Where is Rachel McAdams this time around? She has a small cameo in the beginning of the film and doesn’t appear anywhere else.  While this is sort of a disappointment as she was one of the brighter spots of the boring original, she honestly isn’t missed much overall.  The same can be said for the short appearance of Inspector Lestrade (Eddie Marsan) who was another bright spot in the original film. Making way for newer fresher characters is also an anchor to the film, keeping all bets off and offering something to someone who may be like me and just didn’t care for the first entry of Sherlock Holmes.


  • Encoding:HEVC/H.265
  • Resolution:4K (2K Digital Intermediate)
  • Aspect Ratio: 2.39:1
  • Layers:BD-66
  • Clarity/Detail: Sherlock Holmes: A Game of Shadows is a 4K disc struck from a 2K Digital Intermediate. While the debate continues to rage on about real v. fake 4K, this is actually a transfer that could speak to the possibility of there being wonderful quality 2K DI 4K discs.  This transfer is everything the original Holmes wasn’t in 4K. Textures and set design are all nice and clean and crisp here. The uptick in detail is up to par with newer films and as sharp as any native 4K transfer would be or is.  There are many details throughout the film, be it in large marketplaces, restaurants, trains or churches.  There is no loss for detail anywhere to be seen.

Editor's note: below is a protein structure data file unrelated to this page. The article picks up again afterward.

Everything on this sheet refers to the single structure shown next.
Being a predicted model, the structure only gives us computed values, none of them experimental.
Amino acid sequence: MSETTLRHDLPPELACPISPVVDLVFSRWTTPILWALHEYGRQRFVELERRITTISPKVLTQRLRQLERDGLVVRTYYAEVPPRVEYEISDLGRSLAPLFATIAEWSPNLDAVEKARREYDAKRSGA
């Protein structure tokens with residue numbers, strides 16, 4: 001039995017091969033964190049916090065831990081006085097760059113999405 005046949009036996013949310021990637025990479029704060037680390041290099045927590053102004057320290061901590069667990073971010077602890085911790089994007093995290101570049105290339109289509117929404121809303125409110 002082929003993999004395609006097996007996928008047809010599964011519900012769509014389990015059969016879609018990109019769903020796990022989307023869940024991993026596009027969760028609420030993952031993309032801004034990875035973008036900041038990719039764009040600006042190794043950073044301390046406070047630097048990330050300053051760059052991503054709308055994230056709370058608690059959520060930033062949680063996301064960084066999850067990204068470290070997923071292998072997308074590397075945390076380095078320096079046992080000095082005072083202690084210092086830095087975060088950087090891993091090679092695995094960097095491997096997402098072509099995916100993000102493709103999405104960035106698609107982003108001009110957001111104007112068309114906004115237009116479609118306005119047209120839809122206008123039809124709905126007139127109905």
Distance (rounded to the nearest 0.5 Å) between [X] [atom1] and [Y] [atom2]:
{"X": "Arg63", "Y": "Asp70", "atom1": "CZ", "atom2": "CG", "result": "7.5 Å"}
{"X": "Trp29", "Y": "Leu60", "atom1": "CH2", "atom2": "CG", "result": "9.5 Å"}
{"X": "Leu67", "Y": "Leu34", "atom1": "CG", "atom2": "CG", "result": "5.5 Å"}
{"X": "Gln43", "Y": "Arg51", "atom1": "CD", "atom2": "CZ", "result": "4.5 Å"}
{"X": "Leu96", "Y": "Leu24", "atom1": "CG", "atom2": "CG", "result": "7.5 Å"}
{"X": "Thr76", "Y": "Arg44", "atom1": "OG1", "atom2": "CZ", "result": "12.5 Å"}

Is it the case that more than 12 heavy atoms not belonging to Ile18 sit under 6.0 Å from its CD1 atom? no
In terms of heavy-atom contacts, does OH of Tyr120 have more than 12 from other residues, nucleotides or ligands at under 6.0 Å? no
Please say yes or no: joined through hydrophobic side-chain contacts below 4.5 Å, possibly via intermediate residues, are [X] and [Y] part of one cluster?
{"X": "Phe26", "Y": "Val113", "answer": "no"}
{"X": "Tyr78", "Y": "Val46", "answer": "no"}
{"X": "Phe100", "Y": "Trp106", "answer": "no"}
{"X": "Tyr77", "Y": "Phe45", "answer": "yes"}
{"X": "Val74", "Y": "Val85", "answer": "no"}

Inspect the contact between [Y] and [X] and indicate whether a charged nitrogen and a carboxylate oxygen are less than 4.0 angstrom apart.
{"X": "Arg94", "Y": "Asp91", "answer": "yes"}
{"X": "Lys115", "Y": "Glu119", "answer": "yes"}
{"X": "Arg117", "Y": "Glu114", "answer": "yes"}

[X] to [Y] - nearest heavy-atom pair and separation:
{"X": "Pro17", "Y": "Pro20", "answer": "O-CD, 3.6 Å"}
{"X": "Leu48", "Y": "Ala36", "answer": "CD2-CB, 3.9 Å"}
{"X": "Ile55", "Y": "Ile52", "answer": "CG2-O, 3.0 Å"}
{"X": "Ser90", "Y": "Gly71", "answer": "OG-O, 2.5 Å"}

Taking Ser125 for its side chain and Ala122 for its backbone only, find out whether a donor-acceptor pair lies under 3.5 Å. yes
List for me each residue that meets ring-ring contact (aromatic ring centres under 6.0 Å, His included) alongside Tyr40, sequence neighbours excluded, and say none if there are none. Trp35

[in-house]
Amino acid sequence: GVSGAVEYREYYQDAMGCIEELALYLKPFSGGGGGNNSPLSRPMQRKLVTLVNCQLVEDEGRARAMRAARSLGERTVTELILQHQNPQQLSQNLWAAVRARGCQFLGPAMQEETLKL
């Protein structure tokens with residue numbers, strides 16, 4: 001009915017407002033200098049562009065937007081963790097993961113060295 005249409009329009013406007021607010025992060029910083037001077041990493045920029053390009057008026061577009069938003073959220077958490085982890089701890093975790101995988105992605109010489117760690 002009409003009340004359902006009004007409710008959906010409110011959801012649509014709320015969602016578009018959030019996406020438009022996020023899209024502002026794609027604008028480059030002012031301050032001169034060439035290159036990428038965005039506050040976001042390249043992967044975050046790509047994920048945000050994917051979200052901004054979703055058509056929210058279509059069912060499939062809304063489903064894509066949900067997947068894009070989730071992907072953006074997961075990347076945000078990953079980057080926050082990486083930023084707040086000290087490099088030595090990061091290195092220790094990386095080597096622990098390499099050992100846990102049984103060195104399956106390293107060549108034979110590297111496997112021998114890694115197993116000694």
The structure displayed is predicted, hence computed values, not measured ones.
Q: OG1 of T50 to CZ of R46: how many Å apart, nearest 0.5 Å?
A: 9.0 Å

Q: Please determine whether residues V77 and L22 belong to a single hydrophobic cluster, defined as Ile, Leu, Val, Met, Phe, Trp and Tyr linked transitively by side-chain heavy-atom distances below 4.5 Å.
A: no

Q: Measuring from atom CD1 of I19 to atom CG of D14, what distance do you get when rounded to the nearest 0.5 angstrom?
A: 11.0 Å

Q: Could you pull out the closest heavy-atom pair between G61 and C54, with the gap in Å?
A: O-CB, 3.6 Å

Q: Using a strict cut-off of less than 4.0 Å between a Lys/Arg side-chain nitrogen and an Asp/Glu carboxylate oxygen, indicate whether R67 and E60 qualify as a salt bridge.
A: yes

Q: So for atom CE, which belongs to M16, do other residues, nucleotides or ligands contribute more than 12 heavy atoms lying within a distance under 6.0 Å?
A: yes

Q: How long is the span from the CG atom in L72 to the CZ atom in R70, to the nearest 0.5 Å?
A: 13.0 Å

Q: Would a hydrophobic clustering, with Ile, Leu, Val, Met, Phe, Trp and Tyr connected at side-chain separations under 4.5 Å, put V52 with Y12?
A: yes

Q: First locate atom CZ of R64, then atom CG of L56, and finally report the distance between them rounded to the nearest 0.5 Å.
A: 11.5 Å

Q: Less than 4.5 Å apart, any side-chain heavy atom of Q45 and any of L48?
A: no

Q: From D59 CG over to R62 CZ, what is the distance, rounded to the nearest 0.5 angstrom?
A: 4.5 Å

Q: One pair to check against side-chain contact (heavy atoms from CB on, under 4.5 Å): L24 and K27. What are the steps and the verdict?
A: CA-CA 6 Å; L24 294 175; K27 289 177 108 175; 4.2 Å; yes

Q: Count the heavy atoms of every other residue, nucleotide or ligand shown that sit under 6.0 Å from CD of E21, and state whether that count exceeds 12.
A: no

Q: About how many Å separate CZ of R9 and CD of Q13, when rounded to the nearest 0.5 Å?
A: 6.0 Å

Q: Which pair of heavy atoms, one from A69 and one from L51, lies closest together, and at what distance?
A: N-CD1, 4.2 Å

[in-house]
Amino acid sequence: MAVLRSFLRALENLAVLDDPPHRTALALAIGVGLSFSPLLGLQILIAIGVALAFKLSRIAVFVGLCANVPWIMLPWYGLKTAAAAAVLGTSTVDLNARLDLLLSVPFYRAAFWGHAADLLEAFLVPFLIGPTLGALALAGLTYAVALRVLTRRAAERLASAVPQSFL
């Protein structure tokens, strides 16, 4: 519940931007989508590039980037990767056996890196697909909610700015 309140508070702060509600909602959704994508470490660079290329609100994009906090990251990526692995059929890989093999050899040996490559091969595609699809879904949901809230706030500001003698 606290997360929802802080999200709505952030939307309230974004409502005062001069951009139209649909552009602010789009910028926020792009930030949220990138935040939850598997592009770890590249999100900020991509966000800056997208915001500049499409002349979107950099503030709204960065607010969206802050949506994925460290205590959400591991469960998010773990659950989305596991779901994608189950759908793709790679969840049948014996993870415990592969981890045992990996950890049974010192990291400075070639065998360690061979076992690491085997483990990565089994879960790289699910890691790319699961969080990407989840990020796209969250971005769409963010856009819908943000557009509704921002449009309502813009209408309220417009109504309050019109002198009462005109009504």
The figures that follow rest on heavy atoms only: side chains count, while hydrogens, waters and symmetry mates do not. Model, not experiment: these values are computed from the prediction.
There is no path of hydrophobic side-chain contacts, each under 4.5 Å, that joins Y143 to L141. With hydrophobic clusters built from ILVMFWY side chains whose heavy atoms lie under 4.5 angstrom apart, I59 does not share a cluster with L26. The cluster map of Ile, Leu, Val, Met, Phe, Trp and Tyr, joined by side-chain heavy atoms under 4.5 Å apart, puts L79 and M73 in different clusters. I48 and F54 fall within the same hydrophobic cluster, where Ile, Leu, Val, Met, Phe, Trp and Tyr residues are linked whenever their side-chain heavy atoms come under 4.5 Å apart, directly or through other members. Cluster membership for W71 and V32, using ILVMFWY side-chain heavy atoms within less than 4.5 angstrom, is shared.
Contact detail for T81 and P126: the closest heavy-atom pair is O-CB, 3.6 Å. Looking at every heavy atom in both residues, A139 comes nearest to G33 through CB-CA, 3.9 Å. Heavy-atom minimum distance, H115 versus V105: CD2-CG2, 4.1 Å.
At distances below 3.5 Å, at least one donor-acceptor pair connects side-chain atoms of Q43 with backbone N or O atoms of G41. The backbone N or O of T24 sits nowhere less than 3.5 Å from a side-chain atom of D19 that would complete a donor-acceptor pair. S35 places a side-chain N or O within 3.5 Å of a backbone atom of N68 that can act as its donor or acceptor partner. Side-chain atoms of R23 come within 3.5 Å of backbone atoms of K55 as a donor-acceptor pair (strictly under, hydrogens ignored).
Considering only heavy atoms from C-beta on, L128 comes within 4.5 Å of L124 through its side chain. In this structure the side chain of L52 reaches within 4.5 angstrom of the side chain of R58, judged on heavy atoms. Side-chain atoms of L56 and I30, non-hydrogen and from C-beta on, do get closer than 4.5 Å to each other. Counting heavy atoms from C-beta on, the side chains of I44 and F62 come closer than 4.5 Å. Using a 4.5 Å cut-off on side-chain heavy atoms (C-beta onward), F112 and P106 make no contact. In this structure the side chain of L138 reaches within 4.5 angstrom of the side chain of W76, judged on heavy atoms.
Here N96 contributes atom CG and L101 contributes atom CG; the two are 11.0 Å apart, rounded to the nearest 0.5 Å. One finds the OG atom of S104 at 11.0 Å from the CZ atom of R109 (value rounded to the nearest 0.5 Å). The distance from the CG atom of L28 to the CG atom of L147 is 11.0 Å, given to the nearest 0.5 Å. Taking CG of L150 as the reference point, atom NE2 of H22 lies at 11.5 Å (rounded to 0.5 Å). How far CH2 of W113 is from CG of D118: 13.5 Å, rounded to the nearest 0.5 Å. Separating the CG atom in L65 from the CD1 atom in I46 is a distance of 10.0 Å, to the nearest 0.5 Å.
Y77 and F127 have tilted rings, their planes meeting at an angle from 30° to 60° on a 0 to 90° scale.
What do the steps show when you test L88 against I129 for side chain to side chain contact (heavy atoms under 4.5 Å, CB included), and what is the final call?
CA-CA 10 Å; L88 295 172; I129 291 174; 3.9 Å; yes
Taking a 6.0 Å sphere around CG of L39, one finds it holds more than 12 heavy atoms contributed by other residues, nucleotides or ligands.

• Depth: There is definitely a pop to the film that wasn’t in the others. While tones of the film are often muted, the depth of field shines through, giving us many layers of texture and little to no softness. There isn’t necessarily a 3D feel of course, but depth is very satisfying overall.
  • Black Levels: Blacks look great here. Where the previous entry left blacks to crush at times, this particular film keeps things firmly placed in the deep category without sacrificing and turning into blobs of nothing.
  • Color Reproduction: Colors return to the muted 19th century look but that is the intent. And in that case, the look is quite fine.  The muted tones aren’t drab this time, more often feeling warm and inviting and not cold, unless that’s meant to be the case.
  • Flesh Tones: As intended everyone has the pale look of Europeans who haven’t seen bright sunlight in a while. True to the source
  • Noise/Artifacts: Clean


  • Audio Format(s): English DTS-HD MA 5.1, French, German, Spanish, Czech, Hungarian, Polish and Thai: Dolby Digital 5.1
  • Subtitles: English (SDH), French, German, Spanish, Arabic, Cantonese, Czech, Danish, Dutch, Finnish, Hungarian, Korean, Mandarin (Simplified and Traditional), Norwegian, Polish, Romanian, Swedish, Thai